Mongolia is one of the world’s most untamed countries. This exotic land may be considered the last frontier in Asia, and despite a history that includes such all-powerful warlords and diplomats as Ghengis and Kublai Khan–roving horsemen who’s bands of warrior-statesmen were responsible for unifying the largest empire in history–it seems amazing this country has kept it’s independence, existing between such giants as China and Russia. But Mongolia survives, through harsh winters, a serious lack of infrastructure, and few natural resources… In Mongolia, you are nothing if not a survivor.
Many Mongolian people are nomads who depend on their herds of sheep, goat, cattle, horse, and yak. Most Mongolians live in gers–traditional white felt tents that can easily be broken down and moved (this is even true in the cities). A family’s ger will have many religious and superstitious rules associated with them, and it’s suggested that you gain an understanding of these rules if you’re ever invited inside.
Traveling in Mongolia
The easiest way to get to Mongolia is to fly through Beijing, Moscow, or Berlin. Mongolia’s international airline, called MIAT, will get you there, but there is no guarantee when that will be, as flights are routinely canceled due to poor weather conditions. You can also reach Mongolia by way of the Trans-Mongolian Railway, which links Moscow and Beijing, or by crossing the border from Russia or China in a car (though, technically, this is still illegal).
Once inside the country, getting around is usually done via MIAT flights to one of the over 80 rustic regional airports across Mongolia. But buying tickets can be complicated because of low-technology: the airline has no computerized reservation system, forcing passengers to depend on one-way flights wherever they go. Be aware that flight times change regularly, with little or no notice; foreigners typically pay more for their tickets than Mongolian residents; and the airports are often little more than a dirt tracks on which to land.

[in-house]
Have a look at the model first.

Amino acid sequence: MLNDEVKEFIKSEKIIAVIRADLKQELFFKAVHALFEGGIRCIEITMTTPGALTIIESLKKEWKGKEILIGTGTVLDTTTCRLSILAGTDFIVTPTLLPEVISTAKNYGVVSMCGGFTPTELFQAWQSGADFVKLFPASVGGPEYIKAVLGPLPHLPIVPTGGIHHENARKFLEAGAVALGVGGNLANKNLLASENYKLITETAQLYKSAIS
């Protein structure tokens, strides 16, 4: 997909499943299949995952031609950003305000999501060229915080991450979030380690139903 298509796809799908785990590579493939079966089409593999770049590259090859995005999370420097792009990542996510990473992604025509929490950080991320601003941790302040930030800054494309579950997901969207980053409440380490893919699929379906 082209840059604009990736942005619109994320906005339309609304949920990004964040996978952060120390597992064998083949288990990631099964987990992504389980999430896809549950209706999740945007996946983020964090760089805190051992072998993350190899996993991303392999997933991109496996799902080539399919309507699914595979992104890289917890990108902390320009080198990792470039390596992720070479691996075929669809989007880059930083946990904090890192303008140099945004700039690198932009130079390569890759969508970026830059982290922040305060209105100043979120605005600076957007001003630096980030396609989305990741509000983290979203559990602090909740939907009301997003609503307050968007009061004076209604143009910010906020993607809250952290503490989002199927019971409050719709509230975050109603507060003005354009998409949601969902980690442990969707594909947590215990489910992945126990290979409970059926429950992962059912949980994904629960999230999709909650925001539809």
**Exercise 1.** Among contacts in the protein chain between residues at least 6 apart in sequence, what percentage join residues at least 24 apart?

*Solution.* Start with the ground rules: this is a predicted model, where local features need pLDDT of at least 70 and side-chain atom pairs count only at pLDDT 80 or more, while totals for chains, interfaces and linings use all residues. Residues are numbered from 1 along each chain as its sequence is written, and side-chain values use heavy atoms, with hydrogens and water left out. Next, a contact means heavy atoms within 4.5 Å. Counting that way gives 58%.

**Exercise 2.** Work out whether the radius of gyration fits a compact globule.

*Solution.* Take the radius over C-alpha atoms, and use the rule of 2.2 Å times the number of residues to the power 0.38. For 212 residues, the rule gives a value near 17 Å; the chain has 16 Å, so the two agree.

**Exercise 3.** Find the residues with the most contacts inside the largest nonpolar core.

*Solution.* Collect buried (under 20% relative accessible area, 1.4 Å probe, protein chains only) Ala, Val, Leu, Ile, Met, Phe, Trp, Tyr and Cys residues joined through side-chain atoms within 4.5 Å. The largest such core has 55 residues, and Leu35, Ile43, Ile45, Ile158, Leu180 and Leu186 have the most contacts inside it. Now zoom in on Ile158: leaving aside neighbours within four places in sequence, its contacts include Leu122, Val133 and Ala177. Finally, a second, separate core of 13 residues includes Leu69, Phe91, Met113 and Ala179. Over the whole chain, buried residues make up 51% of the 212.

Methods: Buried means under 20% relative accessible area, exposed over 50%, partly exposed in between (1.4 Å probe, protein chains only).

There is bus service throughout the country, but the journeys are slow, delays are common for a variety of reasons, and schedules change often. You can also rent a jeep, but it’s advised to do so only with a guide, as breakdowns and accidents are common, but gas and good roads are not.
Weather in Mongolia
With 260 clear-sky days a year, Mongolia sounds like a sun worshipper’s paradise (in fact, it’s commonly known as the “Land of Blue Sky”). But the extreme climate varies greatly. Mongolia’s long winters keep some lakes frozen until June with temperatures dropping down to -22°F. The rainy season is short–lasting only from July until September–and the showers tend to be brief and gentle. The interior is dominated by the sprawling Gobi Desert, which gets just enough precipitation to support scattered herds of livestock and wild horses. Mongolia’s high altitude makes for cool evenings in the summer, while the spring is accented by terrible dust storms.
Population: 2.6 million
Government: Communist Republic
Square Miles: 610,740 sq mi (1,566,000 sq km)
Capitol: N’Djamena (pop 700,000)
Official Language: Mongolian, Turkic, Russian, Chinese
People: Khalkh Mongols (86%), Kazaks (2%), Chinese (2%), Russian (2%), about a dozen other ethnic groups
Religion: Tibetan Buddhism, Muslim, Shamanism
Major products/industries: Copper, livestock, cashmere, wool